Urea-Ammonium Nitrate, also known as UAN, is an excellent source of nitrogen for crops. However, farmers may dismiss the risk of nitrogen loss from UAN, incorrectly assuming that liquid forms of nitrogen are not subject to appreciable volatilization losses.
If it ain’t broke, don’t fix it. A cliché expression used by some to say there are things in life better left alone. For nearly 25 years, that phrase could accurately be applied to above ground urea and UAN nitrogen protection.
Record-setting rain during the 2018 fall limited or prevented fertilizer applications in many regions of the U.S. Add to that an abundance of late winter precipitation, below average temperatures and large snow melt have led to record-setting floods in parts of the Midwest and saturated fields in other parts of the U.S., making it difficult for growers to hit the ground running this spring.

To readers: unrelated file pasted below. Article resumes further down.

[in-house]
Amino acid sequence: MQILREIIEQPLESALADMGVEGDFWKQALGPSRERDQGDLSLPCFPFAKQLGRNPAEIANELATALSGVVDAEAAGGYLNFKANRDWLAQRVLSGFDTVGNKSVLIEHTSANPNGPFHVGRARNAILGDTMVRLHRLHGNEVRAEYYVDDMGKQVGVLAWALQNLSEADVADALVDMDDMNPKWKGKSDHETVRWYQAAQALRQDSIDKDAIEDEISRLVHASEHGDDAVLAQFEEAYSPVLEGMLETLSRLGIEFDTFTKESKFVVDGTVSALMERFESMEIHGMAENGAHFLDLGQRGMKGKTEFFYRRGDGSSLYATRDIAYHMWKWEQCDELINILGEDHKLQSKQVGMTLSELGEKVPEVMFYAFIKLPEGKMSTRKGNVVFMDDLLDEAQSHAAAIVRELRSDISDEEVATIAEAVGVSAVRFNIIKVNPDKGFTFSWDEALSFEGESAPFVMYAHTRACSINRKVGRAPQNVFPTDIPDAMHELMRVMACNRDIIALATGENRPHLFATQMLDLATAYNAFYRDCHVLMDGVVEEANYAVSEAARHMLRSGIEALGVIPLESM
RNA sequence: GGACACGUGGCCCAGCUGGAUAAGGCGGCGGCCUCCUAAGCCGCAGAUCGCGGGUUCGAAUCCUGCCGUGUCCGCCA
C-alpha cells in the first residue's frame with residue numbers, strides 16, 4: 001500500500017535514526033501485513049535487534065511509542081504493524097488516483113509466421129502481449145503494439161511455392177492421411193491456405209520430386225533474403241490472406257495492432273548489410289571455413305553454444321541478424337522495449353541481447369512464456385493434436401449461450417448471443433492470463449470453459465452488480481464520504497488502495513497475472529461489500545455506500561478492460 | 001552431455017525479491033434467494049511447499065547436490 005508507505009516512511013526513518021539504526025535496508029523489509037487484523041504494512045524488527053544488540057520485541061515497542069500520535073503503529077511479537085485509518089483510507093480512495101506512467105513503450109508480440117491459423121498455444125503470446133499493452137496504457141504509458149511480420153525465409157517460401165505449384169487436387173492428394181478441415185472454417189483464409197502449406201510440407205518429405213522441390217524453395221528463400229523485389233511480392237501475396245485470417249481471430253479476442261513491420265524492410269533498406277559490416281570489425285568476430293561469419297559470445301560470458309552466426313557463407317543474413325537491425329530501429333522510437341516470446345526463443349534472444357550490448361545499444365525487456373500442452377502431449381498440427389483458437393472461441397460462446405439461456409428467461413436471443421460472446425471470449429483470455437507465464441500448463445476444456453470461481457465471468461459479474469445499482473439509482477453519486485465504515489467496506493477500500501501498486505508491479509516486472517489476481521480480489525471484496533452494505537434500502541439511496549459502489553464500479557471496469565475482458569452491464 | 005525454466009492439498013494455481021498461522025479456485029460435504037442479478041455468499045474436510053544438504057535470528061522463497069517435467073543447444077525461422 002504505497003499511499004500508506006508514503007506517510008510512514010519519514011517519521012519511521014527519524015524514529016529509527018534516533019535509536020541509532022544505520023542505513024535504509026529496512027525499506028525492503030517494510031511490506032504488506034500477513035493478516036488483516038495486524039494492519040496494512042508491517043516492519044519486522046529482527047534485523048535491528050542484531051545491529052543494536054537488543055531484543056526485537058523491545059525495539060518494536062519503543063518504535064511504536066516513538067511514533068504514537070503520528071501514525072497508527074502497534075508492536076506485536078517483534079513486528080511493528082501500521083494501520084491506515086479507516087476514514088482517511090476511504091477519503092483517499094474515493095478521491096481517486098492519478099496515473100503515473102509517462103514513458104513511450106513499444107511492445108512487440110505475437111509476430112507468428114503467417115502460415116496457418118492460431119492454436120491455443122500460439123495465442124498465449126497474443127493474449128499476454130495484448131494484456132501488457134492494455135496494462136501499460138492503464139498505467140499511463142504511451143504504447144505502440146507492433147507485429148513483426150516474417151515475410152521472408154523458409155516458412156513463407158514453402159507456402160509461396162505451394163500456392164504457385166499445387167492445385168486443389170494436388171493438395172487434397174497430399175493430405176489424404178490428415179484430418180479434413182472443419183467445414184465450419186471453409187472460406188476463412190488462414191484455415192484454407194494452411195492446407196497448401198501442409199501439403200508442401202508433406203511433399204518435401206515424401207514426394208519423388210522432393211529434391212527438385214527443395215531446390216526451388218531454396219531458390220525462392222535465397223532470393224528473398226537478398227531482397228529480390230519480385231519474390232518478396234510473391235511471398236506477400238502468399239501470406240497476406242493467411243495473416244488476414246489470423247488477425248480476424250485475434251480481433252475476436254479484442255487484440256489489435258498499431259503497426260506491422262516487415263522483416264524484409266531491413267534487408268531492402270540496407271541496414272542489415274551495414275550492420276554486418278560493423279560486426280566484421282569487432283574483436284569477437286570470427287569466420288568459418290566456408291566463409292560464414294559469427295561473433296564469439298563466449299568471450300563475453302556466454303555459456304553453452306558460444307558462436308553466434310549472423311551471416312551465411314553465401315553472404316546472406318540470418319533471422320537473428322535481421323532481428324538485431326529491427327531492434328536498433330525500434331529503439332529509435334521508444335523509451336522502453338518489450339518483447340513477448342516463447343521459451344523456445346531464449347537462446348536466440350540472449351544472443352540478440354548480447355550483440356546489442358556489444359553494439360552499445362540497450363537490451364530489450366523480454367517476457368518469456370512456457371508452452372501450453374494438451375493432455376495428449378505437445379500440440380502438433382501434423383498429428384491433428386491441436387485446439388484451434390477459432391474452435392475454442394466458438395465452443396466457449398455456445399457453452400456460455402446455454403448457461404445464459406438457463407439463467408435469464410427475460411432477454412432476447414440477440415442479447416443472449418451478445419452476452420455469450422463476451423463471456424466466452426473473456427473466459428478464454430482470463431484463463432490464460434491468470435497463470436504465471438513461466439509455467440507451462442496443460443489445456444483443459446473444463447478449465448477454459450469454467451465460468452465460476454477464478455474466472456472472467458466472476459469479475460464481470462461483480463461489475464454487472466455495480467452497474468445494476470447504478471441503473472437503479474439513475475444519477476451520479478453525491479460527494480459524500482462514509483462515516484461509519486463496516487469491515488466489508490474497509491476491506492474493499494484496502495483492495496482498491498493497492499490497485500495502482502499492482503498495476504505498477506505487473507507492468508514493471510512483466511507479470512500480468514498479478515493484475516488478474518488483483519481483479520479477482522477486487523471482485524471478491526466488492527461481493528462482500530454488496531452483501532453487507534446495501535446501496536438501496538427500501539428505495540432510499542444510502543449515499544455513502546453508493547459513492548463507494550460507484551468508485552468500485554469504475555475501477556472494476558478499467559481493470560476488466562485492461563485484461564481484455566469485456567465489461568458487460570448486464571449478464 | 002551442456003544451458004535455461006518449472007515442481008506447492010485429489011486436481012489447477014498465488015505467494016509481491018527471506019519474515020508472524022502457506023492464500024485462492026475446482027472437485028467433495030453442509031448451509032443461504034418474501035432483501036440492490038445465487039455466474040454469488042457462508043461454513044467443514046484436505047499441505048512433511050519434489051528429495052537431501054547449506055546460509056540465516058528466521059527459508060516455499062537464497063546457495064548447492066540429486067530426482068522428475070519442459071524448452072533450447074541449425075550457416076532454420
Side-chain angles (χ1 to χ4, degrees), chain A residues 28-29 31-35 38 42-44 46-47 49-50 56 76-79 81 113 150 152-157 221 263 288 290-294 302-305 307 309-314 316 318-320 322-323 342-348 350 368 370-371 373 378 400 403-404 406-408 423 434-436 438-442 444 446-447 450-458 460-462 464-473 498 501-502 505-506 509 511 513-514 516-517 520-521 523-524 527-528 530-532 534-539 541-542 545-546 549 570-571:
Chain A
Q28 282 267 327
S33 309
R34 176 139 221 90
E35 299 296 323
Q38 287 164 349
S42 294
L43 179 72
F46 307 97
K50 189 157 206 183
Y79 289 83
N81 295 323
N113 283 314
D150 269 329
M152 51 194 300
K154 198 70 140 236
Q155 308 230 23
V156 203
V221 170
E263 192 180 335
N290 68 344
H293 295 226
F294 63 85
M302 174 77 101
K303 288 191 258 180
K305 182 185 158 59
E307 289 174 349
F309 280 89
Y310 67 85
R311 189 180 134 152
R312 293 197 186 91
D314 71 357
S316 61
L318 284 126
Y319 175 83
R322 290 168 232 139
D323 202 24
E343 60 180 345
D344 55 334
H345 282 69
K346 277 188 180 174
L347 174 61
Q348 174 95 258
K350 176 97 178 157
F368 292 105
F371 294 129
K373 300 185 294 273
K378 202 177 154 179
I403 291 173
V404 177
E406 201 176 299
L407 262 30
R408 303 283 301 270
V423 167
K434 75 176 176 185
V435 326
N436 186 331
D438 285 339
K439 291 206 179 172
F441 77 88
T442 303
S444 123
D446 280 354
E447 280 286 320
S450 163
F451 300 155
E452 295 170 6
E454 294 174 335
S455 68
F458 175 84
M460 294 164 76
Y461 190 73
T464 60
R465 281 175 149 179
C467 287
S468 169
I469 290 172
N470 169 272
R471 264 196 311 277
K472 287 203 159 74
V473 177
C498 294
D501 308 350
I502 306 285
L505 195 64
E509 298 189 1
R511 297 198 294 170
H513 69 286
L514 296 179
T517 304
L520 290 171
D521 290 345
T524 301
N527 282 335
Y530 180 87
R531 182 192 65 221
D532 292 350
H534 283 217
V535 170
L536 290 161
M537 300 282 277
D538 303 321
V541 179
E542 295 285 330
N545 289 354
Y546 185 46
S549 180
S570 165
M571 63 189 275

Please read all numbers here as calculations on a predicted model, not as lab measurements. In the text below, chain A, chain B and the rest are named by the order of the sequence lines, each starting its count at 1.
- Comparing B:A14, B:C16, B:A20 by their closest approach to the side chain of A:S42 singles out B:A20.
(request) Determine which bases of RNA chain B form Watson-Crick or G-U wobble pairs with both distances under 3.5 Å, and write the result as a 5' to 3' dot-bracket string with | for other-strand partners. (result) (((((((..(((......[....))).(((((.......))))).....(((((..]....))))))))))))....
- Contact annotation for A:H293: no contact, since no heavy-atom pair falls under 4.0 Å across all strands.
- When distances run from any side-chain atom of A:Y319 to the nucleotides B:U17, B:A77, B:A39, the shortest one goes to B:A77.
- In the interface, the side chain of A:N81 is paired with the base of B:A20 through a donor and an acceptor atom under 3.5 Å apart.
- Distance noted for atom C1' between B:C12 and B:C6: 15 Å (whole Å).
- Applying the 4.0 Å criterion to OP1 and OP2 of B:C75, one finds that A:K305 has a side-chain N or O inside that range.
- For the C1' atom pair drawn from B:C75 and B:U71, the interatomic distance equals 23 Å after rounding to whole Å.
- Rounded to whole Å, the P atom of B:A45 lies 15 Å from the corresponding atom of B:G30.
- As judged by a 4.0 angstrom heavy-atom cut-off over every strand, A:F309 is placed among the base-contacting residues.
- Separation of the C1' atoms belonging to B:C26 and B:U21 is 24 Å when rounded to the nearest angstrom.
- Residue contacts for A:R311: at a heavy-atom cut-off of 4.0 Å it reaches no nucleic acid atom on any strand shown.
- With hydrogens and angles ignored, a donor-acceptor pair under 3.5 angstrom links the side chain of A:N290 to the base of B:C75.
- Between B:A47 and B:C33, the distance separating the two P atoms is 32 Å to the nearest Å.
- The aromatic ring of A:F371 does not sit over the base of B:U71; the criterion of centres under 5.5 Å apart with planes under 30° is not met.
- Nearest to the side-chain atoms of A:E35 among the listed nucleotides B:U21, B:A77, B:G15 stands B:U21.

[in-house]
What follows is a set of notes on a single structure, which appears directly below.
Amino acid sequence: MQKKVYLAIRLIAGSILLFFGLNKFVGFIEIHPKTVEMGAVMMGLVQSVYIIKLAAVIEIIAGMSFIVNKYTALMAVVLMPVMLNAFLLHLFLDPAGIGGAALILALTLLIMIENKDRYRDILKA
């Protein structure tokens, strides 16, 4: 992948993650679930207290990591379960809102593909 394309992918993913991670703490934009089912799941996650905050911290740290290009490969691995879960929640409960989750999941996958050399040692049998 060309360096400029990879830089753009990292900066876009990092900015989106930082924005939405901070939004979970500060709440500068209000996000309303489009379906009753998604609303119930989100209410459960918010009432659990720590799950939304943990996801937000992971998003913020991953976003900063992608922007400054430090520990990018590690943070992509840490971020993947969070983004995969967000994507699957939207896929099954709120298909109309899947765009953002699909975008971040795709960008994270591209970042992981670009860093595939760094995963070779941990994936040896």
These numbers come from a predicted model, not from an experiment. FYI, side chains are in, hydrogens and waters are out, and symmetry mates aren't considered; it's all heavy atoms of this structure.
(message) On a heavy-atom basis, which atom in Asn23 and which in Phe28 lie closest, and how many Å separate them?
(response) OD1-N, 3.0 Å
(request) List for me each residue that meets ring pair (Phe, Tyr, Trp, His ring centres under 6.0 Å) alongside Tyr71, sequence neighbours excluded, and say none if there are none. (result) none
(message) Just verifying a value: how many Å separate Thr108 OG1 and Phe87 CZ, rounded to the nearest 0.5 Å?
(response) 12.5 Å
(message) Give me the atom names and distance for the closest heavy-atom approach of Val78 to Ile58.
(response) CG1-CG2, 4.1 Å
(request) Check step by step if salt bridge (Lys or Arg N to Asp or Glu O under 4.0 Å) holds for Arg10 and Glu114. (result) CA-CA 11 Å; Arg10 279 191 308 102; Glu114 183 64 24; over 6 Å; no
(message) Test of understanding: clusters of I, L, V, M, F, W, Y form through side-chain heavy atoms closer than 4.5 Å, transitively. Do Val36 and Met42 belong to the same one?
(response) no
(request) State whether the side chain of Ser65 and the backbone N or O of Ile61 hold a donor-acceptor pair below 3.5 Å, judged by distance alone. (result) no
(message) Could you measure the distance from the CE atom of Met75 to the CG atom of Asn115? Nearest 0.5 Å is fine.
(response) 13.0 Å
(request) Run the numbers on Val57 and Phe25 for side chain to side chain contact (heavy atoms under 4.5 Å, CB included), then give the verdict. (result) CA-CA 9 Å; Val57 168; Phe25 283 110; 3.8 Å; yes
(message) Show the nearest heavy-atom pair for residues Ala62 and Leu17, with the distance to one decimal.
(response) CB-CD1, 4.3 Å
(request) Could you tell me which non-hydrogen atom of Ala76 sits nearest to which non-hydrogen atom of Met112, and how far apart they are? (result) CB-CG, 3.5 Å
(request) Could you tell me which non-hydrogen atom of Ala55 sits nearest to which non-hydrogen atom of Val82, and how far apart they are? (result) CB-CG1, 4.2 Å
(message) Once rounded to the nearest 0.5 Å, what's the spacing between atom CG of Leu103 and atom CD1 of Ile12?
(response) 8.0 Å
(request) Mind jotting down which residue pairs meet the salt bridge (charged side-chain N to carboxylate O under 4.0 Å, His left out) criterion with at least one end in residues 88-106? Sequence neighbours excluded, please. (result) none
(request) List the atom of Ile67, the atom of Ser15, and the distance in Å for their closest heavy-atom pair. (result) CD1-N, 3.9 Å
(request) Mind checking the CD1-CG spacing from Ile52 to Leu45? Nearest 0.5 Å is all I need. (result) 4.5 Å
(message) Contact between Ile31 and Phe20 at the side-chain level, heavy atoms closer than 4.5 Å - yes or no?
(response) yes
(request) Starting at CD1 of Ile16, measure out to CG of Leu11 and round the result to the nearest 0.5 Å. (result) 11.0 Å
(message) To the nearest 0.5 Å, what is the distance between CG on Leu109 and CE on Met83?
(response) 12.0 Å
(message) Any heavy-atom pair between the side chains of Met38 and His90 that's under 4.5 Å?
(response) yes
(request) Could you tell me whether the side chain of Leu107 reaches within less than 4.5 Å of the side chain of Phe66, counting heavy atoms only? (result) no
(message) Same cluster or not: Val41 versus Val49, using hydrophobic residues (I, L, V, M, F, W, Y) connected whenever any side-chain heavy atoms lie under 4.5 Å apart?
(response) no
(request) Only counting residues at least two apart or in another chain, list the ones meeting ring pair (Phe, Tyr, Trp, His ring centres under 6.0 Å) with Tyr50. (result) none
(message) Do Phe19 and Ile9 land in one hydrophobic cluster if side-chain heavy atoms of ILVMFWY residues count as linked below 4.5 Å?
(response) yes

With persistent wet weather patterns across the U.S. causing logistical strain and delay of many growers getting into their fields, some are already making the switch from anhydrous ammonia to other nitrogen sources. This means now is the time to discuss nitrogen source alternatives and nitrogen protection options with your growers.
Nitrogen volatilization can occur in all weather conditions, including both warm and cold temperatures. But no matter how or when fertilizer is applied, without a stabilizer, it’s vulnerable to loss.
UAN is a combination of urea, ammonium nitrate and water that forms to combine this liquid fertilizer.